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O'Connor, Frank

First Confession

I hadn’t read Frank O’Connor’s stories in a very long time– he fell into the gutter of authors I’d studied to a point of boredom as a student, and while I’ve spent a good deal of my adult life sweeping those gutters and asking absolution from what I’ve swept up, it took a while to get to him. I’d associated it so closely, in the vast netherlands of the juvenilia of my headspace, with hackneyed Catholic guilt tropes in Comic Sans all the way through…

I hadn’t read Frank O’Connor’s stories in a very long time– he fell into the gutter of authors I’d studied to a point of boredom as a student, and while I’ve spent a good deal of my adult life sweeping those gutters and asking absolution from what I’d swept up, it took a while to get back to O’Connor. I’d associated him so closely, in the vast netherlands of the Juvenilia of my headspace, with hackneyed Catholic guilt tropes in Comic Sans all the way through.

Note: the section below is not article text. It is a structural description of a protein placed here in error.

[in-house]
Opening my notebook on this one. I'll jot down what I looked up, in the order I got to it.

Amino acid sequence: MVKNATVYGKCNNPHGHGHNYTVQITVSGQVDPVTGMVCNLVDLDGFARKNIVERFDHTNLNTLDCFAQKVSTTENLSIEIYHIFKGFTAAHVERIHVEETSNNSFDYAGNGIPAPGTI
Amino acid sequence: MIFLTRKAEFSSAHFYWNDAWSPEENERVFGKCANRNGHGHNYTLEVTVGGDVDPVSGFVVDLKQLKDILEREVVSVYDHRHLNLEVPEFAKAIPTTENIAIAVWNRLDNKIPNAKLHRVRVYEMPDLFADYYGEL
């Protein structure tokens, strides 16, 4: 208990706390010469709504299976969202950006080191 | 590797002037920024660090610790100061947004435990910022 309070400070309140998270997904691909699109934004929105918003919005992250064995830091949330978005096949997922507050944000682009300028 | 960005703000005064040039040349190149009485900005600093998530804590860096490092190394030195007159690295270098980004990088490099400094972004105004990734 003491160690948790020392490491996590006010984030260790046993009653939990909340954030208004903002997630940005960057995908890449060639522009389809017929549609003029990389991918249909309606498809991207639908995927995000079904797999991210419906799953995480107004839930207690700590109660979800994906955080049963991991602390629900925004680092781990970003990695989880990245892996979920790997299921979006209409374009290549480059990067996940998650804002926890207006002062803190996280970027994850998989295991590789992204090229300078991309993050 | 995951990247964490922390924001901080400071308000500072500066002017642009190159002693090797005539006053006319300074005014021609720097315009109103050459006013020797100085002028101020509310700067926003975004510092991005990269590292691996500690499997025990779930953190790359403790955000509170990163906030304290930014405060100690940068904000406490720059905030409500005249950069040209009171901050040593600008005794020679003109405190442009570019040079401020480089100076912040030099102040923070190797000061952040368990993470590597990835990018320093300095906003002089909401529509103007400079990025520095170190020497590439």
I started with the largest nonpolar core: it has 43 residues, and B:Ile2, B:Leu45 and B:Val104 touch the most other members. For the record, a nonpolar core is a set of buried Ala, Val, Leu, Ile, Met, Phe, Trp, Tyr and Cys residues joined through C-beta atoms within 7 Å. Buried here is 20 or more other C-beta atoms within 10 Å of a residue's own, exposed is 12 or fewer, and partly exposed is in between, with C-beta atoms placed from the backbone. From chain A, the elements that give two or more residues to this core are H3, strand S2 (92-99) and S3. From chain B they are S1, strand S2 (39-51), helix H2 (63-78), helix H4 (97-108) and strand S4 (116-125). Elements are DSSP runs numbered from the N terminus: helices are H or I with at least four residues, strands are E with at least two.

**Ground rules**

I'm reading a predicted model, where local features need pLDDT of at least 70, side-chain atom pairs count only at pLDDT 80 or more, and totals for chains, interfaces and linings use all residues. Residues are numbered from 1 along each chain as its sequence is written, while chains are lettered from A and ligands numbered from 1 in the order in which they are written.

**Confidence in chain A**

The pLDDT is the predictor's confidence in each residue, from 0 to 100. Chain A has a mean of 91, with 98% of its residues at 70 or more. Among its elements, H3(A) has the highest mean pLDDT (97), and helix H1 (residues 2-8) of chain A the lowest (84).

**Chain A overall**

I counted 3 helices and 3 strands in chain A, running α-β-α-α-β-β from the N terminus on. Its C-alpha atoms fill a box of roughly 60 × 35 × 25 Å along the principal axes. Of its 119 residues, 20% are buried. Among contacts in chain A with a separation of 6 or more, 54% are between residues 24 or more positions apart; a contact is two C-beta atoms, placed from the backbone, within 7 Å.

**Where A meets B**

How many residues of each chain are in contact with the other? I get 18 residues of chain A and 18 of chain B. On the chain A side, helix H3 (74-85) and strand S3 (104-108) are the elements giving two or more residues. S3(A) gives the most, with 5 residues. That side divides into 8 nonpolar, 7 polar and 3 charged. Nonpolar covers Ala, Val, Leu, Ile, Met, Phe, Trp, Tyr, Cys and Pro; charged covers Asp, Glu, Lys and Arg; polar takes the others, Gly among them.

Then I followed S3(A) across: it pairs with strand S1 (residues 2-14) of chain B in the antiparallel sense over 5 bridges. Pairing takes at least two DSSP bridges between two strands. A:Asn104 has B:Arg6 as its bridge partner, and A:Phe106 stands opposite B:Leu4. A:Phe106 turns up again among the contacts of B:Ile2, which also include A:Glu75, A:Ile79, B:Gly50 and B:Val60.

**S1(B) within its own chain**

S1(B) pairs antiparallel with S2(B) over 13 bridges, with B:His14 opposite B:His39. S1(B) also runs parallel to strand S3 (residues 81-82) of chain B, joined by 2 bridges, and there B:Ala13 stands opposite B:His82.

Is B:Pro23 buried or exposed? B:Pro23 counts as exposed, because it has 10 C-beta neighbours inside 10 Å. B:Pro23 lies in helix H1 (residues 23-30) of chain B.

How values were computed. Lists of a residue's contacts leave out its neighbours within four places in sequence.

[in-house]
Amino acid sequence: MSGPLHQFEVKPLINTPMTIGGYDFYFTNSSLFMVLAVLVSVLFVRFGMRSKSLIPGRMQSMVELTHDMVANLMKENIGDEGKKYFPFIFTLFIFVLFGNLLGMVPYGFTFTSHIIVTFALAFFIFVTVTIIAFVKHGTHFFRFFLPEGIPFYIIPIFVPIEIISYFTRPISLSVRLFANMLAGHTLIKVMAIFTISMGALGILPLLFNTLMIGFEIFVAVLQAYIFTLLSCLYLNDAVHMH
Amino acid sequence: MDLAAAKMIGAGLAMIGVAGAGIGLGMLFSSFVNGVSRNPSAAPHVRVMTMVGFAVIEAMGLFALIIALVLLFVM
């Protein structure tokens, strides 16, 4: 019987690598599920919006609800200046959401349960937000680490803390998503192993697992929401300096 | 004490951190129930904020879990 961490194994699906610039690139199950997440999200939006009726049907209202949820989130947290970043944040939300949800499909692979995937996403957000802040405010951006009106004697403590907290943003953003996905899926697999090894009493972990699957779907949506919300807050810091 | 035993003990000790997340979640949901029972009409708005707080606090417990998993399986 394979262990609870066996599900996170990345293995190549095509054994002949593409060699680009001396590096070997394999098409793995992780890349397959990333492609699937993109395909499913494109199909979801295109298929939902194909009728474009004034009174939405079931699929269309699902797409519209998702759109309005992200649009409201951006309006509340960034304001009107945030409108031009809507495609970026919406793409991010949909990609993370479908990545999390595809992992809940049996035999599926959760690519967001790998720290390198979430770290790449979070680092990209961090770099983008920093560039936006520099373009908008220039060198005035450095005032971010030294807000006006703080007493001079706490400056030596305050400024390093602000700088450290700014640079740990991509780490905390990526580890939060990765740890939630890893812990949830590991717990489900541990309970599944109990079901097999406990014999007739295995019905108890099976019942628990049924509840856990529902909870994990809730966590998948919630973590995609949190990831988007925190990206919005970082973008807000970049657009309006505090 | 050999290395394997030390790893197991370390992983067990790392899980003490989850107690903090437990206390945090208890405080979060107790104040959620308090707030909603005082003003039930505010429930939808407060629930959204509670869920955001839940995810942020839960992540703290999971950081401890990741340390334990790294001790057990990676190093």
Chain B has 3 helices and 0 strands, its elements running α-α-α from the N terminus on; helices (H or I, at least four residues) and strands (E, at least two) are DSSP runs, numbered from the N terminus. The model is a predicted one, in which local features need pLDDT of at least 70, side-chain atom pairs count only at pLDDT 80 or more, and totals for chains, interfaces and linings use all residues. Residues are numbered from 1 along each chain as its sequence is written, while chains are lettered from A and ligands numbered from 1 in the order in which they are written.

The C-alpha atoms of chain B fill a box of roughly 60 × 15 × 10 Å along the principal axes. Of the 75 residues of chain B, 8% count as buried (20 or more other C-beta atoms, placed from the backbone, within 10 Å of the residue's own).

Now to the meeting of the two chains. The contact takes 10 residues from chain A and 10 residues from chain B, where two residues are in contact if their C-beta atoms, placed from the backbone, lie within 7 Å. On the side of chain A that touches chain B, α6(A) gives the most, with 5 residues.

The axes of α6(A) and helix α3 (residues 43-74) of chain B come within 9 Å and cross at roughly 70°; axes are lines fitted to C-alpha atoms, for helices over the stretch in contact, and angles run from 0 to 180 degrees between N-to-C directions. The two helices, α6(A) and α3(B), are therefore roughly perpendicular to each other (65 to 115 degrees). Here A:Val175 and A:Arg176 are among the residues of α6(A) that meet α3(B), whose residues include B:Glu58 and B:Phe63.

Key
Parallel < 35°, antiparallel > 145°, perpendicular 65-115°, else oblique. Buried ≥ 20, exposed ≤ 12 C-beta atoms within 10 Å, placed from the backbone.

But I couldn’t have been more wrong– it’s delightful, right? I very nearly entered the realm of squealing schoolgirl as I got deeper into this one.

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By miette

Miette has been podcasting the best of world literature's short fiction since March 2005, when she was just a pup.

3 replies on “First Confession”

WIll you please write a book already? You keep teasing on Twitter about writing, and I love what you write here. Your introductory paragraphs make my head swim.

Ditto to Mikael – I sometimes (I´m going to say maybe 40 – 60 percent because this is some good stuff you´re digging up) find your comments more compelling than the story. The compression suggests a sensibility so acute that it lapses into poetry like a hobbled man might lapse into a run – when pushed down hill. Id like to see what that sensibility would shine a light on when let loose of discretion – when the runner cuts the shackles and runs for the thrill of running.

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